Your interpretation of The Clarke v Kato decision is that only the 'Carriageway' part is considered to be a 'Road', within the meaning of the Road Traffic Act 1998, and so only that part is relevant to the Vehicles Excise & Registration Act 1994.

 

No I argued the two definitions in each Act are presented ONLY to assist in the interpretation of the applicability and offences created in each respective Act. So that definitions in VERA are given for interpreting VERA and that definition is unhelpfully vague.

 

From there I argued that there we have to try and understand what is INTENDED by the use of the term 'Public Road' rather than reach dogmatically for any other Act that has a definition to suit my own or the DVLA's arguments. I argued we have to start by considering what VERA is... because Courts should not create new effects in Laws, they are there to interpret Legislation as it is written and not to assume that because you can find a definition from somewhere that potentially widens the scope of the law, that this must be allowed.

 

In VERA dealing only with vehicles for which Vehicle Excise Duty was applicable, Parliament itself was clearly narrowing down the definition of where the law should apply to places where people are likely to be using cars. I think the extension of that from 'roads' to all sorts of other places was not originally envisaged by Parliament - or they would have used a broader definition.

 

I accepted that 'Public Road' in VERA was so vague that we all had no alternative but to look elsewhere - but in seeking a clearer definition with some legal precedent we had to always bear in mind that when attempting to apply it to VERA we should be careful it is only helping us understand VERA rather than effectively transforming VERA.

 

I argued firstly the Schedule 2A definitions and language could not be disregarded, especially in light of what the DVLA's own documents said they inferred. (see PDFs)

 

I agreed that Section 192 could provide some clarity and I accepted that there is case law that states road may be viewed as 'highway' which will encompass the carriageway, footpaths, verges... the relevance of Clarke vs Kato is that is describes how once you can determine there is a parking bay, it is no longer possible to claim it is part of the carriageway ...and of course not part of the pavement and verge either. They specifically discussed the carriageway because in many cases in car parks there is really one continuous surface and the only thing that creates a distinction between 'carriageway' and 'parking bay' are painted lines.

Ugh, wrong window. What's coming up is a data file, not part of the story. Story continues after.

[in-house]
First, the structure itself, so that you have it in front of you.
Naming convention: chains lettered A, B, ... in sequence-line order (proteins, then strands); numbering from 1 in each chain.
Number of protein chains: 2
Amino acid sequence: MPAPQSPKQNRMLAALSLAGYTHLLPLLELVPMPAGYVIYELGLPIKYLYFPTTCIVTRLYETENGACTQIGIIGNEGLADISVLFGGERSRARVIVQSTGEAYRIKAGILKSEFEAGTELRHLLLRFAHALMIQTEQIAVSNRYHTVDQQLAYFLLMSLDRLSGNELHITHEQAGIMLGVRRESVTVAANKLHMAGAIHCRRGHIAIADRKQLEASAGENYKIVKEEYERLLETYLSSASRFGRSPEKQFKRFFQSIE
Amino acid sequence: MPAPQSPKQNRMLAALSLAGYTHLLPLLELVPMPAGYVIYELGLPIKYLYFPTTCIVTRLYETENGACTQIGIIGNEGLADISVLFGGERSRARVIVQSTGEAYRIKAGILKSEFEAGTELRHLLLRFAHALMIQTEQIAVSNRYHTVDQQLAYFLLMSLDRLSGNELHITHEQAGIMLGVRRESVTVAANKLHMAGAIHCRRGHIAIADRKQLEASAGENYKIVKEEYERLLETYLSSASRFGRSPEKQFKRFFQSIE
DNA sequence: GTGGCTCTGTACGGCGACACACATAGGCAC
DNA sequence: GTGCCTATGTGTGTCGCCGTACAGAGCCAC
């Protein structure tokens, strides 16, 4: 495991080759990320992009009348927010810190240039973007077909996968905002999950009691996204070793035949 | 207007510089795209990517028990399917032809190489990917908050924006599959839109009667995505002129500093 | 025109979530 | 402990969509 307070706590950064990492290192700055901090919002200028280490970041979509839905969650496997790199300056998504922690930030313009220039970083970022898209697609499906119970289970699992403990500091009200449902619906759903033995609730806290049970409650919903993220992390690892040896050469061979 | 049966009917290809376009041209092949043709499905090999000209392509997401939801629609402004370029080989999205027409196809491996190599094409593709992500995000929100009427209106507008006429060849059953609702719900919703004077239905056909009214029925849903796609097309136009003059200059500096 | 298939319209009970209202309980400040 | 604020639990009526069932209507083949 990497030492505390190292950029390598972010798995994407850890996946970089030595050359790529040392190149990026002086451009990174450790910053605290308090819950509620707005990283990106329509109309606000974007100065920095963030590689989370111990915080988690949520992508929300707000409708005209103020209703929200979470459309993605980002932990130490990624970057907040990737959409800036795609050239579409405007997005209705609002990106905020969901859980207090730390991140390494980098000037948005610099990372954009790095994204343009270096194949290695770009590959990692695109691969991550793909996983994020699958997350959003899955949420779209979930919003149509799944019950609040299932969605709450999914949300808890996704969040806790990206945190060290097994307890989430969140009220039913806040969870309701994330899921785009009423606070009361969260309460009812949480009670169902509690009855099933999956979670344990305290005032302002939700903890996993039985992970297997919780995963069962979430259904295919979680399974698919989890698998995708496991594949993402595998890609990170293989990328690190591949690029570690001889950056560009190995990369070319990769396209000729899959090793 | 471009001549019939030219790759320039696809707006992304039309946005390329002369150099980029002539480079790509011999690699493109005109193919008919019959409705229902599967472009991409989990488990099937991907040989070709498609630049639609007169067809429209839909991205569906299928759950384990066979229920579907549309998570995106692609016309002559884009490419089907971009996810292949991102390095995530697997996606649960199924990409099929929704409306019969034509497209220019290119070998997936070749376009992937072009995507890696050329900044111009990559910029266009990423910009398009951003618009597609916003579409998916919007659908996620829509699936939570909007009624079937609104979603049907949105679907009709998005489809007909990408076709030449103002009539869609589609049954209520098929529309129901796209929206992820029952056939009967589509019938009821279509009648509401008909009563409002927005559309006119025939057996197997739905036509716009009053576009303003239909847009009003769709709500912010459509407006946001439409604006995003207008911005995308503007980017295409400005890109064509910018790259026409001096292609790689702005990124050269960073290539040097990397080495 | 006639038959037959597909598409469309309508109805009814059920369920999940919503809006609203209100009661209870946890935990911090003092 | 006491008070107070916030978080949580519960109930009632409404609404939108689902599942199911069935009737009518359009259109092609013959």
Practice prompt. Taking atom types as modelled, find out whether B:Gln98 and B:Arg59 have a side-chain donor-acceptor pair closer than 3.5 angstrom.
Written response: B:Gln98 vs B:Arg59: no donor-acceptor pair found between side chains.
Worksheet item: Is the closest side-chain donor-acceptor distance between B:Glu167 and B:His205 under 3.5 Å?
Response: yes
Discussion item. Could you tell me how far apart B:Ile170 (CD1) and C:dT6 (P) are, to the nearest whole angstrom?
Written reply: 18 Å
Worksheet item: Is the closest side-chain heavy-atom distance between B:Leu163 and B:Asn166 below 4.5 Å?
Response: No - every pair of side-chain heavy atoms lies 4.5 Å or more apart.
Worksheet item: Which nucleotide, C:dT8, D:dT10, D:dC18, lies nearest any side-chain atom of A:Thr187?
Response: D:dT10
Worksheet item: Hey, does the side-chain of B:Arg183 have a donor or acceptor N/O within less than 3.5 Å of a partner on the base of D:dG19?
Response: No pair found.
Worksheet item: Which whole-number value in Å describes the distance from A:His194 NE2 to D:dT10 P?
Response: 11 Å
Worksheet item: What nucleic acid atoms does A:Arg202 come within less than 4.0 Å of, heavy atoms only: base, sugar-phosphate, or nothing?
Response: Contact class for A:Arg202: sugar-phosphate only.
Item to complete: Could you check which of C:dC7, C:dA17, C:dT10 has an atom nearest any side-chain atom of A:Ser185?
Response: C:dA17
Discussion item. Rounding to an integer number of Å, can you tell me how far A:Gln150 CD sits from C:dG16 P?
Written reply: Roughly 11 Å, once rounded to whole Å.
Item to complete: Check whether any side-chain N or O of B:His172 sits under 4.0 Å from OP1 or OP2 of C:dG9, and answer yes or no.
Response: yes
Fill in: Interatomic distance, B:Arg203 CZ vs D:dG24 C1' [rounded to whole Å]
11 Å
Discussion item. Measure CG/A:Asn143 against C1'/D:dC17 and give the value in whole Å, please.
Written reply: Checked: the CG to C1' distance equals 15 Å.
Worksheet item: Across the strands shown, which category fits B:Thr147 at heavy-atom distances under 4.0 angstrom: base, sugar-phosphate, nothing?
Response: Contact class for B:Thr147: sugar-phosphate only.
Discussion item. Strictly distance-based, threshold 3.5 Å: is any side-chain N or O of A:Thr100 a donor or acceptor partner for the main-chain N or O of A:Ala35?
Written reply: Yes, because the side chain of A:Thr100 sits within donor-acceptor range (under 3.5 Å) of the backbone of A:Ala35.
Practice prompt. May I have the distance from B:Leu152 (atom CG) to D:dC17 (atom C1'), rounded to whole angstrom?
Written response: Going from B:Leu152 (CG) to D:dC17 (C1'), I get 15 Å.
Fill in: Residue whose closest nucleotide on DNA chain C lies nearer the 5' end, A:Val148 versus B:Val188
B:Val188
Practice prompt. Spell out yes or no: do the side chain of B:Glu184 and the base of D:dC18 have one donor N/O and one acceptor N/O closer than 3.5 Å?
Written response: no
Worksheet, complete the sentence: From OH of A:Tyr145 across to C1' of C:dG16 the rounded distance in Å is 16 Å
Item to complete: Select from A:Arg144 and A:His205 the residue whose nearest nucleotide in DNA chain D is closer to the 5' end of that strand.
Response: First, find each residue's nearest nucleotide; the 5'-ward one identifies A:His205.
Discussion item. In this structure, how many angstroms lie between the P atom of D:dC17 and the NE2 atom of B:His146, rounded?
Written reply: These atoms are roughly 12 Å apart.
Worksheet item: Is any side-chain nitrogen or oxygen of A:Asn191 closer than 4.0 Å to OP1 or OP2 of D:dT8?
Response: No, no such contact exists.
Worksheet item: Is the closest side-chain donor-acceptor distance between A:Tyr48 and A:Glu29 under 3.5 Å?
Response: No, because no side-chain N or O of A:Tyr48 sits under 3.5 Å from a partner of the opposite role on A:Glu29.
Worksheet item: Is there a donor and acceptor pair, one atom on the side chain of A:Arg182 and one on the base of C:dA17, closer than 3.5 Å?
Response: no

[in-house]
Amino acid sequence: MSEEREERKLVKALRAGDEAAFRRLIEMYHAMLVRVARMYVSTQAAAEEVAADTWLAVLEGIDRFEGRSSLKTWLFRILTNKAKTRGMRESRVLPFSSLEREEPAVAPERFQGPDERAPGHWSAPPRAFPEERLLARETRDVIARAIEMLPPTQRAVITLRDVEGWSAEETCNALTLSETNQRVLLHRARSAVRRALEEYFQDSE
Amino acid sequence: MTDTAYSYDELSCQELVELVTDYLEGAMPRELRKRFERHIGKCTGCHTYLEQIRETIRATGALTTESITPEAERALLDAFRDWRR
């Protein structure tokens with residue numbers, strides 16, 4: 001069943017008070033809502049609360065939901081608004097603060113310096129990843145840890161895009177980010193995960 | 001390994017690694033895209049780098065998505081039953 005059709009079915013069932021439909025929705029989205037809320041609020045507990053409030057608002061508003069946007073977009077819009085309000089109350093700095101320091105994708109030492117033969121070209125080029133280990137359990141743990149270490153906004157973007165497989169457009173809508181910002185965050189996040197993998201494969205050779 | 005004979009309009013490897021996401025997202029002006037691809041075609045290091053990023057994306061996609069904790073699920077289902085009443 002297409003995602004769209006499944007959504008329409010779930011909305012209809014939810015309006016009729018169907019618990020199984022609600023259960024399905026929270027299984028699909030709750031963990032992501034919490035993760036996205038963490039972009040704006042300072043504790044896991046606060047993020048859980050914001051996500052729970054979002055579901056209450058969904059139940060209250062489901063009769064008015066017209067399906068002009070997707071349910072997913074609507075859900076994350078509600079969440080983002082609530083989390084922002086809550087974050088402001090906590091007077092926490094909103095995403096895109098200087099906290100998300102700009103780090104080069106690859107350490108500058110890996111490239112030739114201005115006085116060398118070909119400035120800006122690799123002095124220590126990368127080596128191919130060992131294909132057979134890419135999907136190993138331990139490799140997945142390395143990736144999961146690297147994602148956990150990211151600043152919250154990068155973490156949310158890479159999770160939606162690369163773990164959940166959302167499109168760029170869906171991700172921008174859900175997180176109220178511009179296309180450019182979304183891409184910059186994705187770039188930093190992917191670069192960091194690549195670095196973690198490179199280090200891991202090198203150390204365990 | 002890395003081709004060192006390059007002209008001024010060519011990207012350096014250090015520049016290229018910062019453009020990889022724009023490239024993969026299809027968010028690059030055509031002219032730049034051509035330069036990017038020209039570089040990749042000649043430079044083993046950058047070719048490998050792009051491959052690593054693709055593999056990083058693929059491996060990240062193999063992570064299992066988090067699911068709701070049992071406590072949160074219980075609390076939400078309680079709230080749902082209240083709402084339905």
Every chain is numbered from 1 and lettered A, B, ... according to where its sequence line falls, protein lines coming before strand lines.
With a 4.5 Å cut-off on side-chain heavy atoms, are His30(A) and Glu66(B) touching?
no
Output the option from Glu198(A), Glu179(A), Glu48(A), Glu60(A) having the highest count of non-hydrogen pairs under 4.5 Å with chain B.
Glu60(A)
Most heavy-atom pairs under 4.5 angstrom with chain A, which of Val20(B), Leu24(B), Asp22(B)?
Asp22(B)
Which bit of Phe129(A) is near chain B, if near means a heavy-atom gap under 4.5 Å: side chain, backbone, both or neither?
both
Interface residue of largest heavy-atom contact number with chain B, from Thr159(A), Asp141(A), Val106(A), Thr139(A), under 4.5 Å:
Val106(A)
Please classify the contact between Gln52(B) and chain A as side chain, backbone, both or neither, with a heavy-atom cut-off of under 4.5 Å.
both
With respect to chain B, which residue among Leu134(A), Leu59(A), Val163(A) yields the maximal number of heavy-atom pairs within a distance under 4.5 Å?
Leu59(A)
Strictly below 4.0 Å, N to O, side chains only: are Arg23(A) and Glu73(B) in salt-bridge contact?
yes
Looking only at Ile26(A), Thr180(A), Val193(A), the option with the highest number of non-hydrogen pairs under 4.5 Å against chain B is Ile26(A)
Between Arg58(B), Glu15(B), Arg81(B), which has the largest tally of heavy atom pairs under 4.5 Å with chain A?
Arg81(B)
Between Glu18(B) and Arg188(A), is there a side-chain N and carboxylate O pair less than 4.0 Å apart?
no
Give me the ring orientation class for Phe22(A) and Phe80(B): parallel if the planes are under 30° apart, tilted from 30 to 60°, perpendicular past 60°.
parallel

So I was not really arguing that only the carriageway is 'road' - I was focusing in on the critical facts in the case - that where the carriageway and parking are clearly separate things Clarke vs Kato should apply. The same could be true for a hypothetical parking space right in the middle of a grass verge ...the verge may be 'highway' but the parking space is distinct from it.

 

In my case there were a number of physical features, such as the fact the edge of the carriageway was clear from the position of drains, that the parking area was over a large kerb, etc... So the 'edge' of the carriageway separating it from from the car park is very clear.

 

 

I was also arguing that the use of 'Public Road' in VERA rather than Highway (not used once) seemed quite deliberate, especially when you consider VERA was written 8 years after the RTA and has been amended many times over the 20 years it has been around. Parliament clearly had a reason for thinking VERA needed some limitations compared to the RTA. If not, there only needed to state "Road shall have the same meaning as in RTA 1998"

 

In the later Appeal court decision of Alun Griffiths Ltd v DVLA, the court decided that the definition of a 'Public Road' was from Boundary to Boundary, so if all of the land that comprises the Footpaths, Verges, Parking Bays and Carriageway is repairable at public expense, they are all part of a 'Public Road', within the meaning of the Vehicles Excise & Registration Act 1994'.

 

Interesting - in fairness to you and others, I will have to go and read that case before commenting. I may have seen it before as I read just about every relevant piece of legislation and case history I could find over the last 9 months... It does make me wonder why the DVLA did not bring this piece of case law to court?

 

Perhaps this case will apply to most people because conventionally this is how most roads are laid out - but it may not always be applicable if the circumstances are factually different. Nonetheless, people should read cases that are 'close' to their own and see how the law operates before jumping to conclusions.